You have two men on a stage. We are all sitting, listening to them. The question from the audience is, with all the world’s problems, how are we going to live? What is the right approach to our problems, at an individual and global level? What are the right choices to make in our day-to-day lives? The two men speaking are Charles Darwin and Jesus Christ and they seem to have different points of view on these questions.
Charles Darwin is a leading scientist. With years of education, research, and study, his revelation was that the strong overcome the weak. Jesus on the other hand defies explanation and has shown that the meek shall ultimately overcome chaos. Darwin’s analysis leads to a view held by some of the most powerful figures in history by the name of Social Darwinism. Jesus provided a broad description of true living in what is known as the Sermon on the Mount. Which of them is right?
Jesus has many followers. One of them was Dr. Martin Luther King. As someone who strove for many of the realized virtues of Christ, Martin led a change in Western society some time ago. Many of these changes were foreseen in the Civil Rights Act and in his effort in the Alabama Marches. Ultimately, Mr. King paid a price for his beliefs when he was assassinated in Memphis, TN. Despite the peace Mr. King’s efforts facilitated, one of the locations that saw his footprints remain a place of contention today.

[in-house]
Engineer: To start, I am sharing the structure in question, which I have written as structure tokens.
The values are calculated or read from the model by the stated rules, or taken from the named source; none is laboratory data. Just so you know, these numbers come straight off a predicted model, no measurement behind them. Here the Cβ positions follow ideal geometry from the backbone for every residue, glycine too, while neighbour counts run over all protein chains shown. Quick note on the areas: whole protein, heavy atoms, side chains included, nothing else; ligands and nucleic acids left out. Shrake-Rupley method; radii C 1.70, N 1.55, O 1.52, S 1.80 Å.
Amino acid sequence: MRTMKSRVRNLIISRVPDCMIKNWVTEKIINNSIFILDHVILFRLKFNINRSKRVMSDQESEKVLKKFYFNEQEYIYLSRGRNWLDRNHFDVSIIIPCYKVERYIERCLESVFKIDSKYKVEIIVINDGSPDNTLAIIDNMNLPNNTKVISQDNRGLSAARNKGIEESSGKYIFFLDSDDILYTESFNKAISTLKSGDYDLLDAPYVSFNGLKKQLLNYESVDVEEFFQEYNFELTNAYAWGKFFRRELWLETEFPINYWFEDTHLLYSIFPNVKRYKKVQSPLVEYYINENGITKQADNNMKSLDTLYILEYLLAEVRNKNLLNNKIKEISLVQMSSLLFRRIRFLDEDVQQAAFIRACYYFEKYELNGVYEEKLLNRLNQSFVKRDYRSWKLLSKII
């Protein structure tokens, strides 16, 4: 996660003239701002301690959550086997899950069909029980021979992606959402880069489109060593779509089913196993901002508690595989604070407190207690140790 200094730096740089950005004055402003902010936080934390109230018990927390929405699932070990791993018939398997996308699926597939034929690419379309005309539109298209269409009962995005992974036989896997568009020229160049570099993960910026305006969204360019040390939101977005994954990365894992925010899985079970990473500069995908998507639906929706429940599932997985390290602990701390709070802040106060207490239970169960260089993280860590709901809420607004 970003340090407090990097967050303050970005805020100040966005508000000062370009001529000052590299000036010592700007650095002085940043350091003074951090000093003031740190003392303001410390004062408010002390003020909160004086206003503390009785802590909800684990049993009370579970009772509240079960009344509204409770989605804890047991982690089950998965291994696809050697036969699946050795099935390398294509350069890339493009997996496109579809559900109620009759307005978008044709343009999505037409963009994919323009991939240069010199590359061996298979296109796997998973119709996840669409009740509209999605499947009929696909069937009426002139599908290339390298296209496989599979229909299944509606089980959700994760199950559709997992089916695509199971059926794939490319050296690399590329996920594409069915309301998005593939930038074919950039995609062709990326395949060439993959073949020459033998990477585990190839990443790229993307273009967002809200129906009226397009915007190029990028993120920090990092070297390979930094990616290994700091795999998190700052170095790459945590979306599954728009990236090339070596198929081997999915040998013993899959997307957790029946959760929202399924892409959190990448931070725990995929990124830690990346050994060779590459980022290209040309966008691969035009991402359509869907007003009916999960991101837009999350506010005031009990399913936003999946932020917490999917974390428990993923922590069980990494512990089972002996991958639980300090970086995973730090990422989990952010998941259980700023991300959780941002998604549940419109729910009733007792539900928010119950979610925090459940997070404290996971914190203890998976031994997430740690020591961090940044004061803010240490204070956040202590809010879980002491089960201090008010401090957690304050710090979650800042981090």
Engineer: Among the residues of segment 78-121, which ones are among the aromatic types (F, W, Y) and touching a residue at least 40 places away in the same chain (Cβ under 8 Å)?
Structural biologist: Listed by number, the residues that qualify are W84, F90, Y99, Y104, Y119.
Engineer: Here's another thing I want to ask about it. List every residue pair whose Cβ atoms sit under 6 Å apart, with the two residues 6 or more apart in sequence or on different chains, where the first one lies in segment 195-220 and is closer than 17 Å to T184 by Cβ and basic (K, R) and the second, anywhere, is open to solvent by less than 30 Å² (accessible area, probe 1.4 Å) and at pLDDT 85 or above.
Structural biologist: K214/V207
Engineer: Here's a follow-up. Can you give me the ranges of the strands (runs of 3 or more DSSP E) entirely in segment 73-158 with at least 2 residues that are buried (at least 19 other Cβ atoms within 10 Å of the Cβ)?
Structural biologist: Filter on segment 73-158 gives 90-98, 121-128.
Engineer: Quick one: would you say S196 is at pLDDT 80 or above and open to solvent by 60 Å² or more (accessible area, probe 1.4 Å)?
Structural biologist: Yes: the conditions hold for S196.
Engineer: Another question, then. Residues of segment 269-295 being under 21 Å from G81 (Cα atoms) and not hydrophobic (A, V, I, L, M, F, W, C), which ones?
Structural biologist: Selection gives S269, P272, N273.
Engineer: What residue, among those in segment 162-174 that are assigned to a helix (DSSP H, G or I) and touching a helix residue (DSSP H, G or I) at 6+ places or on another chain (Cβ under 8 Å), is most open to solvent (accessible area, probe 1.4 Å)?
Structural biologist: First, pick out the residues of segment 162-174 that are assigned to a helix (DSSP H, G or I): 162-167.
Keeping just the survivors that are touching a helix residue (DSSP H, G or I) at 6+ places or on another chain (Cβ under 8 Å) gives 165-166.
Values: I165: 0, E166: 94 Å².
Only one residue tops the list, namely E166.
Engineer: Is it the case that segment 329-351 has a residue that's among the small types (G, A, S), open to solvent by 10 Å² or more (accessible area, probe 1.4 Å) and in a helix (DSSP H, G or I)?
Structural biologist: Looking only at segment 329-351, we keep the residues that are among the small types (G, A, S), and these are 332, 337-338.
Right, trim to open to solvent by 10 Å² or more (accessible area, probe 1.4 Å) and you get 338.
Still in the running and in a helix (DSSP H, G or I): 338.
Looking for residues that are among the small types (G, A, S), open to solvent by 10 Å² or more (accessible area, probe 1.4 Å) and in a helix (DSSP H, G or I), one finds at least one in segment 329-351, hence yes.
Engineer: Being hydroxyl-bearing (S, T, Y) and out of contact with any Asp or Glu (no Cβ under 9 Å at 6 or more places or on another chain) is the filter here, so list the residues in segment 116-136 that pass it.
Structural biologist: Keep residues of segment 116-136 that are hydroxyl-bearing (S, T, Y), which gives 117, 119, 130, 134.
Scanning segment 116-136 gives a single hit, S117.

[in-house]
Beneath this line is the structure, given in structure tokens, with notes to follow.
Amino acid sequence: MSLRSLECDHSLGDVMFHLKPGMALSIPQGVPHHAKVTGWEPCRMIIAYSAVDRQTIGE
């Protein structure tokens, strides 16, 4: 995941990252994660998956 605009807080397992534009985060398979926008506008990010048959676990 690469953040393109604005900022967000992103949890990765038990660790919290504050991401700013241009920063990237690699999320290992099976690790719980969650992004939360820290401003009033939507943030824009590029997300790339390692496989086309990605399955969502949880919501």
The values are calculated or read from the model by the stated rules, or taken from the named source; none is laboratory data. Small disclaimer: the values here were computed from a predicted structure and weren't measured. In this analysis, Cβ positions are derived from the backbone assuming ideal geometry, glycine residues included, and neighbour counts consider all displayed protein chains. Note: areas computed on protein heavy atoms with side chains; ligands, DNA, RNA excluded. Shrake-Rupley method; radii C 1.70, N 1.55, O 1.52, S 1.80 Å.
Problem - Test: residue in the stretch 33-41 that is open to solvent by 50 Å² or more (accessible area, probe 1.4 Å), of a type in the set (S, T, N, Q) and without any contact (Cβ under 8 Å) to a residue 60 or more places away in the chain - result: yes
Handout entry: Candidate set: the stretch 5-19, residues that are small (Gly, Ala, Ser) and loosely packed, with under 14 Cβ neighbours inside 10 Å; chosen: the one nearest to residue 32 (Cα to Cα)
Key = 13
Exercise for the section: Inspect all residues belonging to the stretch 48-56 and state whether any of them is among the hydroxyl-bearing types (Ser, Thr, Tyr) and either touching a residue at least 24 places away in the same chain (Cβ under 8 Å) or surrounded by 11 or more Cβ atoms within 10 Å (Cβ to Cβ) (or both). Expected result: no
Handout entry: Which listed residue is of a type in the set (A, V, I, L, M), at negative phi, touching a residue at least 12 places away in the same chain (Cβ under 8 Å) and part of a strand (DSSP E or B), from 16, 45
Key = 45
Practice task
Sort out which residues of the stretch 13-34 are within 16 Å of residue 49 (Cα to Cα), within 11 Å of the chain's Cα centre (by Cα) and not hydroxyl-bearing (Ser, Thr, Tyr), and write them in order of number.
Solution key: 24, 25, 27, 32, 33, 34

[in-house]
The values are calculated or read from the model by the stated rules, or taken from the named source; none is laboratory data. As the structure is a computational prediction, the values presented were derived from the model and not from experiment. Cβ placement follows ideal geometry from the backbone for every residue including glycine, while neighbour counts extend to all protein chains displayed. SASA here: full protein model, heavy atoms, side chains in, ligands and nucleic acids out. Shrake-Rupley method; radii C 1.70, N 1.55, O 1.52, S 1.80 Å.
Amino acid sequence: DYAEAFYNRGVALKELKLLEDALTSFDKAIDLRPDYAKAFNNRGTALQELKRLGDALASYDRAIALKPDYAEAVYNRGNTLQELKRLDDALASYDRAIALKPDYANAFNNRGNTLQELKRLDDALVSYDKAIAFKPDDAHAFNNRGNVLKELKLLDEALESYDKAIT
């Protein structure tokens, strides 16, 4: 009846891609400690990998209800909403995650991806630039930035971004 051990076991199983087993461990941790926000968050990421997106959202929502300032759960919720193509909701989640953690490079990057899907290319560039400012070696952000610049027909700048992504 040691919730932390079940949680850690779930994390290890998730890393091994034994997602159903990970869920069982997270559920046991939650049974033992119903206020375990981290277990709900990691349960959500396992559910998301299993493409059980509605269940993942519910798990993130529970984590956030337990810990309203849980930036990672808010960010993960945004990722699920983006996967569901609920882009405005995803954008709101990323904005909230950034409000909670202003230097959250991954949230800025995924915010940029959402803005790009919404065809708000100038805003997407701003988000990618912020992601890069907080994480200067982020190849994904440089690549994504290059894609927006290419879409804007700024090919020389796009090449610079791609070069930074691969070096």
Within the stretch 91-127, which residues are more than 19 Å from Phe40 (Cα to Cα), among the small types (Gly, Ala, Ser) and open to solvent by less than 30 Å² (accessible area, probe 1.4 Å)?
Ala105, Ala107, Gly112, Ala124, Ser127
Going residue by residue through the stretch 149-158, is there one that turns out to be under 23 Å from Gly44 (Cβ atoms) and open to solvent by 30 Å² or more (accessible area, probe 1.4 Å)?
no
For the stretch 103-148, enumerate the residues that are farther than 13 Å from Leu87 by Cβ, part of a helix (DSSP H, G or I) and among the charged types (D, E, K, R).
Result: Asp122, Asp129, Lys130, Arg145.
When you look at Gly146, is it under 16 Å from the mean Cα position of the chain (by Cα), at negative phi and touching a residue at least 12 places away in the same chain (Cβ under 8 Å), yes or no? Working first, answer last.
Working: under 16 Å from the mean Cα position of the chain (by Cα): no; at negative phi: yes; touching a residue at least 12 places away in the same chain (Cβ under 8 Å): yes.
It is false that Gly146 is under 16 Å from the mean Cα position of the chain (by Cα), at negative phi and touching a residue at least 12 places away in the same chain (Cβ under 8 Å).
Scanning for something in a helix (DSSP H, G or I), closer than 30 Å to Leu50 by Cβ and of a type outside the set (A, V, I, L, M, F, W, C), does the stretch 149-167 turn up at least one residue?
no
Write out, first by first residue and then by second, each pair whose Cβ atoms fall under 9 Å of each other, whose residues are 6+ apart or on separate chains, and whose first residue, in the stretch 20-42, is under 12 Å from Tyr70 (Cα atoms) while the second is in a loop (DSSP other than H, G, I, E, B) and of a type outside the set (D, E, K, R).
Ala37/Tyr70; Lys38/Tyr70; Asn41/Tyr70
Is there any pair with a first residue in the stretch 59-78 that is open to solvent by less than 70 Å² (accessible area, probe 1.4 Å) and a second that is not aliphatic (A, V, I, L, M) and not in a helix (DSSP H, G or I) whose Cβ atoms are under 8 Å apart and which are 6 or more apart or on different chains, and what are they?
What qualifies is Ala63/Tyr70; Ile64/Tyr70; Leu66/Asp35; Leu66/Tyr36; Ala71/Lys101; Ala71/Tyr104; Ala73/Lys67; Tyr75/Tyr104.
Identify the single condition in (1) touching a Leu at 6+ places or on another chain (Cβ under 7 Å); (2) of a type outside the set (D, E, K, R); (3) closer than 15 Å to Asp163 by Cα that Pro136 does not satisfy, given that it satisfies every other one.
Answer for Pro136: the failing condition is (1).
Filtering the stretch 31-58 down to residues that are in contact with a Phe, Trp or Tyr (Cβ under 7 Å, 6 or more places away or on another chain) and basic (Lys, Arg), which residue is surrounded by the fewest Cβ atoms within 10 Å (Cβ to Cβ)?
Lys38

Darwin has many followers. They usually don’t perish so dramatically as what we see in the extreme cases of the followers of Jesus. Rather, the more successful of Darwin’s followers lead the world in more comfortable and enjoyable ways of living life. The successful followers of Social Darwinism push on without a moment’s doubt as to the worthiness of their cause. A notable author who channels this ethos is Ayn Rand. The books of Ayn Rand has inspired many of today’s top leaders.
Jesus or Darwin. Which to follow?
In some social circles, it is not even a question. The answer is assumed to be very straightforward. Reality? Not so easy. Not so much due to inability or natural error, but in the very rhythm of our lives, day in and day out. We are raised to believe one way, but the choices that surround us lead to a different reality.